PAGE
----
Not always cheaper than going abroad though. British holidays can be expensive unless you are camping in a remote spot.
    Maggie X

    Nuts in May

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  14. Mike, you are so right about the Yorkshire Moors on a wet day. I used to live in Ilkley and loved the atmosphere on rainy days.

    Re: staycations: I had never heard that term here in the US but last year a friend was visiting from the UK and we went to Philadelphia for the day. He told us about the word and that it meant staying at home instead of having a holiday. I, who haven't had a break in years, said "oh we do staycations too ... only without the cation" and a passing man burst out laughing.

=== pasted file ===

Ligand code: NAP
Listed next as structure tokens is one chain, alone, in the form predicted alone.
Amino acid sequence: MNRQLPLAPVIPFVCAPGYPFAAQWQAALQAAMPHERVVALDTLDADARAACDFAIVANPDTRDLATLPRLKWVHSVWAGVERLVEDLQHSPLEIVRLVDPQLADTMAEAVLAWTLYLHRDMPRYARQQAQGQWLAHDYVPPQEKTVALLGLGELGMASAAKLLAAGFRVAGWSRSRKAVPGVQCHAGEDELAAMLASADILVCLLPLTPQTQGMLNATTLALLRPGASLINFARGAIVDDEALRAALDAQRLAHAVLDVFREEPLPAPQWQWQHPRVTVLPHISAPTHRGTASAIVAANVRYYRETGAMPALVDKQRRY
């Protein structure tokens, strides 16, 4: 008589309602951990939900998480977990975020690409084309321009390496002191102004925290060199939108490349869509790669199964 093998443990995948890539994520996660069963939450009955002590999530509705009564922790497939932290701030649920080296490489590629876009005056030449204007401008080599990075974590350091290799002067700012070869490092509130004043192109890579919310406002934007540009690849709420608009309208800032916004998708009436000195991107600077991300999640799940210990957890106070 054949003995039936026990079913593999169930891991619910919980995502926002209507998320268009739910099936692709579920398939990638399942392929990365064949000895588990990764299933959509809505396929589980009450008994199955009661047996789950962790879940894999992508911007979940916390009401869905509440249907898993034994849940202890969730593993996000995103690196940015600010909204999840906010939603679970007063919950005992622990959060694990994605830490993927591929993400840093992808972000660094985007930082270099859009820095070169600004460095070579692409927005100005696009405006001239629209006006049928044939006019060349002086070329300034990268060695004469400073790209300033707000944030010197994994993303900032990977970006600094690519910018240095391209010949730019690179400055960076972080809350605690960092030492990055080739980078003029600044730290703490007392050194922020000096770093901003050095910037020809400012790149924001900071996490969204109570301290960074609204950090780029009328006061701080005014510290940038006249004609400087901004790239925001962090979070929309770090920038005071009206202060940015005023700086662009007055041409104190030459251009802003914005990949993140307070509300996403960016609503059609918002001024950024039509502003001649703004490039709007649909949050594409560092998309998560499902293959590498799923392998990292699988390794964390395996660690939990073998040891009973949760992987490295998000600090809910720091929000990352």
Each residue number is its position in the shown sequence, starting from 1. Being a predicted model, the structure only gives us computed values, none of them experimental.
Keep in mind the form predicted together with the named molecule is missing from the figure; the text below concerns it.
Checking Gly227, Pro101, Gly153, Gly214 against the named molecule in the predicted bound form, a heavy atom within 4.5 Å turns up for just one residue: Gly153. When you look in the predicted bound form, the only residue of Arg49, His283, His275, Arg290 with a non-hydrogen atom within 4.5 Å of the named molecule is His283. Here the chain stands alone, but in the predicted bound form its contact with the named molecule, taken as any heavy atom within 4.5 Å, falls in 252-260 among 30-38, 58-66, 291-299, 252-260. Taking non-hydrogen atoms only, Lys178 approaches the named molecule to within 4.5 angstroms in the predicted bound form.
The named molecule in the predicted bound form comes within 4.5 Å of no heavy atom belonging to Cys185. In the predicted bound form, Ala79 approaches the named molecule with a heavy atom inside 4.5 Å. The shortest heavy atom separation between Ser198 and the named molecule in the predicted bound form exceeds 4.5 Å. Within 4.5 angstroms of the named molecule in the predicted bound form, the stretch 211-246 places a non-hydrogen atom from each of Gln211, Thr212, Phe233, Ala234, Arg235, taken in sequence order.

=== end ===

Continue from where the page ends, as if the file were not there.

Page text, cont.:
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  15. Thanks CD for the definition!

    So it's just me that doesn't like Britain then. We spent a year in the Scottish borders in the Lammermuir hills and everyone else thought they were beautiful. I thought they were uniform and depressing, and I kept having to go off to Edinburgh (40 miles away) shopping on Saturdays just to remind myself that real life still existed - and I'm not even much of a city person really.

    Steveg - you mean where Harry and Hermione are on those rocks? It is sort of stunning but also bleak. The very word 'moor' sounds depressing to me; not sure why.

    I think I'm a forests and beaches sort of girl. And sun, definitely. And nowhere too remote. Just fussy I guess.